Color choice is also important as to where you’re fishing in a specific lake. If you’re pulling your swim jig through weeds, a darker panfish color is usually the best way to go. If you’re buzzing it up on top close to the surface, it often pays to opt for a lighter color that blends with the silver, shimmery surface the bass are looking up into. You don’t want that fish to see your bait all that clearly, and so a silvery, pearly white bait works better most of the time.

One of the really great things about fishing a swimming jig is not just how well it catches fish, but how many different combinations of colors and trailers you can put together to find the one that works best in any given body of water. Start with something that matches the hatch of prey fish and that moves some water to send out vibrations that feel like a fleeing meal to a bass. Then tweak it from there. Stick with a swim jig, tweak the colors and action, and odds are good you will find one that catches fish.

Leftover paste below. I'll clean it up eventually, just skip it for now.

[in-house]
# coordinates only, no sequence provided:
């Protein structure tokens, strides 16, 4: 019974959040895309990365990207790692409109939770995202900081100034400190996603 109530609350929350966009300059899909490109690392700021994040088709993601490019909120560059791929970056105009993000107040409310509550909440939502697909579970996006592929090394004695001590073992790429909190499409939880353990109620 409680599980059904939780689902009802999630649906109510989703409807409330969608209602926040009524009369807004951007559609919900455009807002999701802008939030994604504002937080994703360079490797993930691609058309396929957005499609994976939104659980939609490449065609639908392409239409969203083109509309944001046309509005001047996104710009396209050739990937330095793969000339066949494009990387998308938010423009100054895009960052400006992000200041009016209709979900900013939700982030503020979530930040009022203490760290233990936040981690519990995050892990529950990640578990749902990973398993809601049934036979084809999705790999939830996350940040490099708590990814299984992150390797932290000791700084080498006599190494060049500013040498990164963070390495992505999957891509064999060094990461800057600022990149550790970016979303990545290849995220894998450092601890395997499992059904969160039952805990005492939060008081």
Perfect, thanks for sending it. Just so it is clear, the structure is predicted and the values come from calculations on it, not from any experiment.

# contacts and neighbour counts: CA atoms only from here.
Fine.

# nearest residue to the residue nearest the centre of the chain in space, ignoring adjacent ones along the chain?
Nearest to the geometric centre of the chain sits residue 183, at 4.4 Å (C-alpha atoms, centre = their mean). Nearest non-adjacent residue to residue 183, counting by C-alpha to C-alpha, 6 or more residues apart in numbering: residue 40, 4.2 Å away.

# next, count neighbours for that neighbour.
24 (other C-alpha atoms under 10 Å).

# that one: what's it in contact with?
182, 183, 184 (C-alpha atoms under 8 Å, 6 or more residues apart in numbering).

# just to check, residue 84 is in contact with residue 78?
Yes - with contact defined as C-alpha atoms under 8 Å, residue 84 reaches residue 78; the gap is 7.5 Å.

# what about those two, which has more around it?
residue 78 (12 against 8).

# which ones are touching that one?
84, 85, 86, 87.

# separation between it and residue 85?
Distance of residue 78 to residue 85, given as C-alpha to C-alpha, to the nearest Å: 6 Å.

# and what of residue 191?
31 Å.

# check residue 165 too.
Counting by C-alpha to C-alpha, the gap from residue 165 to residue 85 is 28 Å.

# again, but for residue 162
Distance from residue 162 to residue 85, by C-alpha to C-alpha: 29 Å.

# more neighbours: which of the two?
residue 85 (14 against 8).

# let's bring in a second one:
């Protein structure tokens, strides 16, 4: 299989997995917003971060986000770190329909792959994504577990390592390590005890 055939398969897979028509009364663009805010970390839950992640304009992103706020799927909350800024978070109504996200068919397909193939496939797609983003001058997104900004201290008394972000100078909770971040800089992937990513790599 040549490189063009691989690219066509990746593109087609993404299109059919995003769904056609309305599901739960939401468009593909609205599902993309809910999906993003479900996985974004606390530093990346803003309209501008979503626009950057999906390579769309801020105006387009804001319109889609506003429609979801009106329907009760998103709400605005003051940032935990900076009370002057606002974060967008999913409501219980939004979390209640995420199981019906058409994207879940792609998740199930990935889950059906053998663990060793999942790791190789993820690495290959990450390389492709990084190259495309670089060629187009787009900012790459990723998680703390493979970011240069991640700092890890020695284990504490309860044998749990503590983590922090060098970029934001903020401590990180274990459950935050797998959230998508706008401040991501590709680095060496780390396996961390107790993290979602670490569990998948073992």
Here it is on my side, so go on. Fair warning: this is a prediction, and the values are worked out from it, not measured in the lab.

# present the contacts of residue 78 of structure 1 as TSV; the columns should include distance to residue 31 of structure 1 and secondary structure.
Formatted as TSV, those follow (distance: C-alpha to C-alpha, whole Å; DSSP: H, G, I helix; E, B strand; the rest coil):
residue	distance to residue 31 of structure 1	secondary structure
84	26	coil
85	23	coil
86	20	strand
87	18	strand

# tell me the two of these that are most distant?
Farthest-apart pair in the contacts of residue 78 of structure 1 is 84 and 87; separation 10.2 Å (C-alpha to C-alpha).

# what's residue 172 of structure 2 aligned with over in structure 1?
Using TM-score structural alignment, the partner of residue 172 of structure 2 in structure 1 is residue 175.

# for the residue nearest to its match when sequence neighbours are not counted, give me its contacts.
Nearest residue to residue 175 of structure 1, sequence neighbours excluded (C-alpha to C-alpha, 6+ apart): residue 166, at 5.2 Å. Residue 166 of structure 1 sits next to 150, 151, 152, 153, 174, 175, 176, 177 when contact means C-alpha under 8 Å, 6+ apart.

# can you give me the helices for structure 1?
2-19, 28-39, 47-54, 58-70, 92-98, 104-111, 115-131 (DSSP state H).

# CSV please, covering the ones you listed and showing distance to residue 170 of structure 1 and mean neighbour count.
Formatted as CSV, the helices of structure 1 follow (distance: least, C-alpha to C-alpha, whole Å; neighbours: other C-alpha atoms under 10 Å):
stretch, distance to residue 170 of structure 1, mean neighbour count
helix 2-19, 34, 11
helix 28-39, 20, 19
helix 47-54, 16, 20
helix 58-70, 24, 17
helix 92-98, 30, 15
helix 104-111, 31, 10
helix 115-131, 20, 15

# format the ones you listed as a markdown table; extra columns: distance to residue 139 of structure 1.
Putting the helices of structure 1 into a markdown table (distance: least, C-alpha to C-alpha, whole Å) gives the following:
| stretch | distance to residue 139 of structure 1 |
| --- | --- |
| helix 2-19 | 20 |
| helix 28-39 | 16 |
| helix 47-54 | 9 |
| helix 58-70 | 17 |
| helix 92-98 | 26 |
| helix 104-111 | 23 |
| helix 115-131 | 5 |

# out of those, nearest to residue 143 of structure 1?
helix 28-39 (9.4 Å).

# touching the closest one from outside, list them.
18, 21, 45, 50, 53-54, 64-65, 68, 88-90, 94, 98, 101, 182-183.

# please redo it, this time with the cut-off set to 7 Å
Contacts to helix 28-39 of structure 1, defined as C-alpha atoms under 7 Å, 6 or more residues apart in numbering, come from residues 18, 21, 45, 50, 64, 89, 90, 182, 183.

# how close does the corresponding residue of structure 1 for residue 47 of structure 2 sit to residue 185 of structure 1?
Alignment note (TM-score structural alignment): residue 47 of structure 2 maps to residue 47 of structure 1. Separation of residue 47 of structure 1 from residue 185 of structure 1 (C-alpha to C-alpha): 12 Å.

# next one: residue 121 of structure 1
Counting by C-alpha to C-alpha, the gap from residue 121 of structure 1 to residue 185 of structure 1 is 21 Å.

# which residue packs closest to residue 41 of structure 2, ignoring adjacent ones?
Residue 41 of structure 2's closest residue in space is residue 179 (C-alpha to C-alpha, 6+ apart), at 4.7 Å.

Tournament angler and avid outdoorsman Buck Mallory of Lawton writes Michigan-specific bass fishing articles for MidWest Outdoors.

Swim jigs evolved into the Chatterbait from Z-Man, which is a jig with a blade in front of it that gives the jig body, skirt and trailer a whole lot of action. Strike King’s version is called the Pure Poison Swim Jig. These can be great lures about any time of year, but especially in cold water, when fish want something moving slowly, but with lots of action.

That’s what these baits provide—a lot of action. I’ve fared well with the black-bladed Chatterbait, and have found that sometimes toning down the flash of the Pure Poison Swim Jig with a black magic marker can make that lure get more hits.

Like the standard swim jig, there’s no big secret to effectively fishing the bladed swim jig. A standard chunk and wind procedure, dropping these baits into prime, mainly shallow bass habitat will get results.